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After They Closed the GatesJewish Illegal Immigration to the United States, 1921-1965$
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Libby Garland

Print publication date: 2014

Print ISBN-13: 9780226122458

Published to Chicago Scholarship Online: September 2014

DOI: 10.7208/chicago/9780226122595.001.0001

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PRINTED FROM CHICAGO SCHOLARSHIP ONLINE (www.chicago.universitypressscholarship.com). (c) Copyright University of Chicago Press, 2019. All Rights Reserved. An individual user may print out a PDF of a single chapter of a monograph in CHSO for personal use.date: 21 October 2019

American Law, Jewish Solidarity

American Law, Jewish Solidarity

Chapter:
(p.43) Chapter 2 American Law, Jewish Solidarity
Source:
After They Closed the Gates
Author(s):

Libby Garland

Publisher:
University of Chicago Press
DOI:10.7208/chicago/9780226122595.003.0003

This chapter explores how established Jewish organizations confronted the legal conundrums the quota laws posed. It examines Jewish leaders’ responses to the illegal immigration of Jews over the Mexico-Texas border and to the plight of Jews stranded in Europe with U.S visas rendered defunct by the Immigration Act of 1924. The quota laws posed new dilemmas for American Jewish leaders, pitting their desire to operate in solidarity with Jewish migrants against their need to be regarded as law-abiding Americans. Moreover, there were a number of gray areas that remained in the laws themselves. Jewish leaders exploited this lack of clarity in their efforts to shape the regime of U.S. immigration law as best they could. Whenever possible, they sought to engage in a strategic balancing act, trying to argue the cases of Jewish migrants without seeming to encourage or condone any law-breaking on the part of those migrants.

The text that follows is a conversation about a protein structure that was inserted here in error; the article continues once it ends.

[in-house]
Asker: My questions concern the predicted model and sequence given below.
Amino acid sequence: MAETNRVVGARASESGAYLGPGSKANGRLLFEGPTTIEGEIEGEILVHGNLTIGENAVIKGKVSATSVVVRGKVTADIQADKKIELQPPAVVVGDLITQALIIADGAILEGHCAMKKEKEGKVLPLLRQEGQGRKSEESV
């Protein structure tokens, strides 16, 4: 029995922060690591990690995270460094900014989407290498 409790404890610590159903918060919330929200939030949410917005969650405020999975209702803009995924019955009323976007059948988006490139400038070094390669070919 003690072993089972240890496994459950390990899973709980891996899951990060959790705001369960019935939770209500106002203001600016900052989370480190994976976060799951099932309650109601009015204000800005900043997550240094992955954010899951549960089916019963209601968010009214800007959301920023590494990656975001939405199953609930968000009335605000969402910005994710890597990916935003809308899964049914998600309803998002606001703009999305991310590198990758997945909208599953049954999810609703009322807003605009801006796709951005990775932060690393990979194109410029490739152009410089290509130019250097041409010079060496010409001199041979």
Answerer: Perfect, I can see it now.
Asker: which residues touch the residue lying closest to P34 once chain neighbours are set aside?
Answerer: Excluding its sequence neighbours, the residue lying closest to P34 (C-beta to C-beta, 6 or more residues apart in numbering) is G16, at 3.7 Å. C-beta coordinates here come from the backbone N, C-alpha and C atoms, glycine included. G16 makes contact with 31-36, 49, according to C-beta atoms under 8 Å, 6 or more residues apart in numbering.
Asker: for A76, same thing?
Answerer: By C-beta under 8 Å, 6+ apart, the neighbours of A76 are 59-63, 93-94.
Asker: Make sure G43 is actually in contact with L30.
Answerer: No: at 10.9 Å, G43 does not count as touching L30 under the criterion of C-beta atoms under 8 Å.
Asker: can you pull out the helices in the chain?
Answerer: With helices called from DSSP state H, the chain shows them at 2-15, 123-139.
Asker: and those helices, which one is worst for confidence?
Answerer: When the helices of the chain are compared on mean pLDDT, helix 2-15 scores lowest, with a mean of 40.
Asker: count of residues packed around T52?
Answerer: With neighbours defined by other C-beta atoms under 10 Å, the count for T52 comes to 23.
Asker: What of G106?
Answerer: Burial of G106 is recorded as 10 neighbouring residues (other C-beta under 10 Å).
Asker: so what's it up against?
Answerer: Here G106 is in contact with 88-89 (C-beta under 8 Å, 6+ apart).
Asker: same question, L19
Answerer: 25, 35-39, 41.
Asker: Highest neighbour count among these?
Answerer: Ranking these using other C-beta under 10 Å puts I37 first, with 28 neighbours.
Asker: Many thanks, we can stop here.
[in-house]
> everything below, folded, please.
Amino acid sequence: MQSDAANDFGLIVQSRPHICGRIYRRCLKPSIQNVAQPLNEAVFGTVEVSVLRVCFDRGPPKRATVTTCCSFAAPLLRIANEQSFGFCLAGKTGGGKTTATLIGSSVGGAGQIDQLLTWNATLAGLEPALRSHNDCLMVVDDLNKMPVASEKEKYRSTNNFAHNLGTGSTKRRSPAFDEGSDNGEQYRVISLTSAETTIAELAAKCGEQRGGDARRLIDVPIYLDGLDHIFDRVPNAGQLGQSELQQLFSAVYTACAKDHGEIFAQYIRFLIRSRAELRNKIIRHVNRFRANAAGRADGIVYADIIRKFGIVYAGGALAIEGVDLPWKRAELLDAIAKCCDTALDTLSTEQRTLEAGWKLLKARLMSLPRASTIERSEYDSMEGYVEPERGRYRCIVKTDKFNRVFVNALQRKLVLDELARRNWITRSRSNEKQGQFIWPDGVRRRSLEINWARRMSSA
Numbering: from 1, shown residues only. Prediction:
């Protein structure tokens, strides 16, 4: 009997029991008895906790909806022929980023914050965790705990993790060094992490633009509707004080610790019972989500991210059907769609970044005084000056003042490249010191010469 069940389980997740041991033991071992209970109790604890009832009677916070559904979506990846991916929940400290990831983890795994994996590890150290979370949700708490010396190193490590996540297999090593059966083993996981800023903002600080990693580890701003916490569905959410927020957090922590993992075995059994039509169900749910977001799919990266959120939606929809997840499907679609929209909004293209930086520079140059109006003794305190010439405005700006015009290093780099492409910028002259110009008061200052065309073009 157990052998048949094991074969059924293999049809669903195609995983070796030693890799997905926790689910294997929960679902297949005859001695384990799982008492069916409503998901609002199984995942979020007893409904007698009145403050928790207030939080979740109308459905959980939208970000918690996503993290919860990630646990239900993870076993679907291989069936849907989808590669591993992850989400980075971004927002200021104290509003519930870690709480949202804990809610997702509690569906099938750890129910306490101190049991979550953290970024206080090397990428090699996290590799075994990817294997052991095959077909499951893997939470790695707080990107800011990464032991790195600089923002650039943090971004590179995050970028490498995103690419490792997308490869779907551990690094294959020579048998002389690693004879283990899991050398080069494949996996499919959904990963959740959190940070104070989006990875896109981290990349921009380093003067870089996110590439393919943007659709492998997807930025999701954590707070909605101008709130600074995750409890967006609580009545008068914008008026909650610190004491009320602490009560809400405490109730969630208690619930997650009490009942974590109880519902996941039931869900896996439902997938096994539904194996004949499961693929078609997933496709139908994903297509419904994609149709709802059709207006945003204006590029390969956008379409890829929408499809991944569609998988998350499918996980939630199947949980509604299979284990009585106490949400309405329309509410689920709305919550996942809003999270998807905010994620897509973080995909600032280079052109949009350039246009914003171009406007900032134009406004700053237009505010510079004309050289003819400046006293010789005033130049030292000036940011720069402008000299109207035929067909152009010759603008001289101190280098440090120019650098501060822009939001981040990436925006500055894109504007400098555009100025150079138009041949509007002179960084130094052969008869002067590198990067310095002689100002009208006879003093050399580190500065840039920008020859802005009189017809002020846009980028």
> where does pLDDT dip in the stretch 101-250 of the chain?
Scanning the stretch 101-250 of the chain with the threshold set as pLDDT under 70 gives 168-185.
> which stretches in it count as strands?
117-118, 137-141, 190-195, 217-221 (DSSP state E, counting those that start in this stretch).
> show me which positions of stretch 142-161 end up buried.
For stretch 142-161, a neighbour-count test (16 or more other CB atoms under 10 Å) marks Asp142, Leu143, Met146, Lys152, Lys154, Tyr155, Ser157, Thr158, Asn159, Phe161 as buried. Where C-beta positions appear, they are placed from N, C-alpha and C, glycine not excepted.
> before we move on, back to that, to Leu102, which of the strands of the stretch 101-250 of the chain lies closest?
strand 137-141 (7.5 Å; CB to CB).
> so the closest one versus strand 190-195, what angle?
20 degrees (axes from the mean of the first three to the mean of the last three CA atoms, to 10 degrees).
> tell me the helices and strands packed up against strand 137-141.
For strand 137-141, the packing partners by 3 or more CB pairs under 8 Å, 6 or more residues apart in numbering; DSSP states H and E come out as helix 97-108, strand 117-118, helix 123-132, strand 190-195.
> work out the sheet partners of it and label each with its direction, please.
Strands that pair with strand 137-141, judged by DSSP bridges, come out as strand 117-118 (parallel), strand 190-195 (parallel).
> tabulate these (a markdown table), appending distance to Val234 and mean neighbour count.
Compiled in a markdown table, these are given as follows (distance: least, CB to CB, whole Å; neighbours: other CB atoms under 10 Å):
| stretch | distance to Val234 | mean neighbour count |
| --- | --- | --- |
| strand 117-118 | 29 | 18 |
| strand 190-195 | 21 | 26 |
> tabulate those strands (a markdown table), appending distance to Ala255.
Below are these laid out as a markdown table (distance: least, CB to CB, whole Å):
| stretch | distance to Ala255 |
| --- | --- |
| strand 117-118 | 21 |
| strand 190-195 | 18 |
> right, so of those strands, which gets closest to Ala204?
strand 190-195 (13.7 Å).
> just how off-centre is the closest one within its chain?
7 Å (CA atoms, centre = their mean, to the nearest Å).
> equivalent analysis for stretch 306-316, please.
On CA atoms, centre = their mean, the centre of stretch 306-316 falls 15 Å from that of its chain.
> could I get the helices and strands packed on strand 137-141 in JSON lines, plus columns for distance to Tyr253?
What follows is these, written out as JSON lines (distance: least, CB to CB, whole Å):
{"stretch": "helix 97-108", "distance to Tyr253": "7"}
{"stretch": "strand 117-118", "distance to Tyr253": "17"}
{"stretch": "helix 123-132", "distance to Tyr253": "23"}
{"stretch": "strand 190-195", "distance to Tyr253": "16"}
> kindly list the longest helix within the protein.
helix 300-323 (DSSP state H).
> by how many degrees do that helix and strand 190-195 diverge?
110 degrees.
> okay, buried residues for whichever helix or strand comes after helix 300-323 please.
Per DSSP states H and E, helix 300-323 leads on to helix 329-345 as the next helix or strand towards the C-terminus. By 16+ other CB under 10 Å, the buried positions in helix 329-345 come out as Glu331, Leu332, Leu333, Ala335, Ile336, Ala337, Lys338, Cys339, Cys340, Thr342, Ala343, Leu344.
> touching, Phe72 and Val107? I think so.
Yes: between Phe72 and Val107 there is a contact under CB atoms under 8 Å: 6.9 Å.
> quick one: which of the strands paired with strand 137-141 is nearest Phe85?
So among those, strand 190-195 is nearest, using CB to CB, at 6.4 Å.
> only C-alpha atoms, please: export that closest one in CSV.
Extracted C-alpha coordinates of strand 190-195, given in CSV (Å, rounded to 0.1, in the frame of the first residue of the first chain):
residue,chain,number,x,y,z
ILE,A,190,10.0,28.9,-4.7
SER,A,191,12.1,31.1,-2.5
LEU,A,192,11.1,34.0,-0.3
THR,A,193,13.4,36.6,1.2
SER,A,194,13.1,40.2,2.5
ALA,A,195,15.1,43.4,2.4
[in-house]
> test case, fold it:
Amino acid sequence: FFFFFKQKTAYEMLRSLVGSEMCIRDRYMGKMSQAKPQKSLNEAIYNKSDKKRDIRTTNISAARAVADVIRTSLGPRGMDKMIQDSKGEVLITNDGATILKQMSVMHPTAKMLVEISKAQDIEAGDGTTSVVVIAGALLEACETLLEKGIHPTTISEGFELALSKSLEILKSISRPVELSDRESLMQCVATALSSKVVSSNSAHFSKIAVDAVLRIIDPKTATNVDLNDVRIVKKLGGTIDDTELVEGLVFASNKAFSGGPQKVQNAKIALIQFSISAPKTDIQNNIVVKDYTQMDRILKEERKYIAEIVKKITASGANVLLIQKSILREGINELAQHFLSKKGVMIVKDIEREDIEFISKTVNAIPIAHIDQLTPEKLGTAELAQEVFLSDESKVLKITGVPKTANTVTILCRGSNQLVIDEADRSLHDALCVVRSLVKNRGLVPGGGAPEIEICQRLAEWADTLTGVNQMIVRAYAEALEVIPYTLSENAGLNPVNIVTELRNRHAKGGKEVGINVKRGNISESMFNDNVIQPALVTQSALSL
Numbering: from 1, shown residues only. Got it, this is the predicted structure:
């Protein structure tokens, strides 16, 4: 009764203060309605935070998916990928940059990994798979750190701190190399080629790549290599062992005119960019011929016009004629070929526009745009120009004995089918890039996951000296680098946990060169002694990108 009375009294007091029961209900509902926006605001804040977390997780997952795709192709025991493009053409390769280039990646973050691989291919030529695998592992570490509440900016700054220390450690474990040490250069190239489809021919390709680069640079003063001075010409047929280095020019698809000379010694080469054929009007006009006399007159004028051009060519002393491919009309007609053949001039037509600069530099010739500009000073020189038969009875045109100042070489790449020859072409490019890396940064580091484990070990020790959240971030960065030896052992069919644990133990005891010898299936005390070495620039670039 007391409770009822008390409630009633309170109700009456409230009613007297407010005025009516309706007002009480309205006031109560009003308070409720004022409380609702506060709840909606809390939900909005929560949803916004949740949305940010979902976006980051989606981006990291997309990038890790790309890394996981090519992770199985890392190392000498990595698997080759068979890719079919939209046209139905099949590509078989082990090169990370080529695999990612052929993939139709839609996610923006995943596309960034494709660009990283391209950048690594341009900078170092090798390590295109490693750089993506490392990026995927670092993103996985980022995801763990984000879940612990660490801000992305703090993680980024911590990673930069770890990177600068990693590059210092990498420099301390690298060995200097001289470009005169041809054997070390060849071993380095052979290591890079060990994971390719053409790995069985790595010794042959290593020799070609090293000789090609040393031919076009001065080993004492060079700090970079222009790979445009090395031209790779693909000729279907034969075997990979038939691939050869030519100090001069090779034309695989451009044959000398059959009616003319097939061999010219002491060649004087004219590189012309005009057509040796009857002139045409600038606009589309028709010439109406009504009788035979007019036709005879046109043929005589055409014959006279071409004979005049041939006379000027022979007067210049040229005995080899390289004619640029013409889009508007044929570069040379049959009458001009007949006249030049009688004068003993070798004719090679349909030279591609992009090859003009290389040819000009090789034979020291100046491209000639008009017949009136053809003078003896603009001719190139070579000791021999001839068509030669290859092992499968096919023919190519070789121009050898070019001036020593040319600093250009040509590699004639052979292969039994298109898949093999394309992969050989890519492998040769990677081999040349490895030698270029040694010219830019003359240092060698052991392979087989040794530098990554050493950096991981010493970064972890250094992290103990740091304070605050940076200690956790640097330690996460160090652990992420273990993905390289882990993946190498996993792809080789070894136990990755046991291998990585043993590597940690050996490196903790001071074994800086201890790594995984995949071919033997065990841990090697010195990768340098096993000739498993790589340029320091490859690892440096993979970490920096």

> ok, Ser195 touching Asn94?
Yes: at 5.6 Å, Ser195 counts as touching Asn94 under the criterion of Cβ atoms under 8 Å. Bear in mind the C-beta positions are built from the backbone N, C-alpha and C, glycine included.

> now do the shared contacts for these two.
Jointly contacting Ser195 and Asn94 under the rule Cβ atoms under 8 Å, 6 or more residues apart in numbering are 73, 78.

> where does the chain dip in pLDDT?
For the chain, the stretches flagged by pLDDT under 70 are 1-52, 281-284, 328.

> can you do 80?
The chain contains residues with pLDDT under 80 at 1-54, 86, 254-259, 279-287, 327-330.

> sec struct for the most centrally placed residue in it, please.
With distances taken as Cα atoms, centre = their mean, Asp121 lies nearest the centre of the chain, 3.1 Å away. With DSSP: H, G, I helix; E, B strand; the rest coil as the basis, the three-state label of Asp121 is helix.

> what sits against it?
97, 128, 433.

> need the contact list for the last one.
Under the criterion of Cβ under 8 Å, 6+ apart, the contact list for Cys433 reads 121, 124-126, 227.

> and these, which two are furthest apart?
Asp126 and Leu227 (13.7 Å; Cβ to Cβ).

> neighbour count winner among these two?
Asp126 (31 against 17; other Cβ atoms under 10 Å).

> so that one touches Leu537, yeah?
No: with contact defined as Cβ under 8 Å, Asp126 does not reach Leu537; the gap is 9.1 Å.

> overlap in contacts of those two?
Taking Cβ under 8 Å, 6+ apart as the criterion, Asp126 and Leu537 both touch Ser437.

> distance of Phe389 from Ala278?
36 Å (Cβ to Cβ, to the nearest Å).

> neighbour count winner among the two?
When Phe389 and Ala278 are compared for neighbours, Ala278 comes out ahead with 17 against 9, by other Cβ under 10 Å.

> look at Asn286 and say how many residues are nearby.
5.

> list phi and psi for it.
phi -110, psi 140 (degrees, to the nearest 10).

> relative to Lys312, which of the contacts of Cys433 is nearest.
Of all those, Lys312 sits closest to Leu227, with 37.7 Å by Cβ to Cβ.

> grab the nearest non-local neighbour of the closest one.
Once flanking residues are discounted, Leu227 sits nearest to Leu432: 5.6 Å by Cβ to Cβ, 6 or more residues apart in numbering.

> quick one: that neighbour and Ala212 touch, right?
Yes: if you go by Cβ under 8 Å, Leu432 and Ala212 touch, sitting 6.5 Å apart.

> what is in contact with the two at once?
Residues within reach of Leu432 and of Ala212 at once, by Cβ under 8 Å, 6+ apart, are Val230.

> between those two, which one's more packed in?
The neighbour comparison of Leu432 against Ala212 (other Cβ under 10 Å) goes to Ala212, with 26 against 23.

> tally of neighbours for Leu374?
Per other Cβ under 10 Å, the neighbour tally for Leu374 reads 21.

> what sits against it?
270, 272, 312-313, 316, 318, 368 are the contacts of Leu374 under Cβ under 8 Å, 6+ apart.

Keywords:   American Jewish leaders, El Paso, Emergency Committee on Jewish Refugees, illegal immigration, Jewish immigration, Jews, U.S. border, Louis Marshall, Martin Zielonka, quota laws

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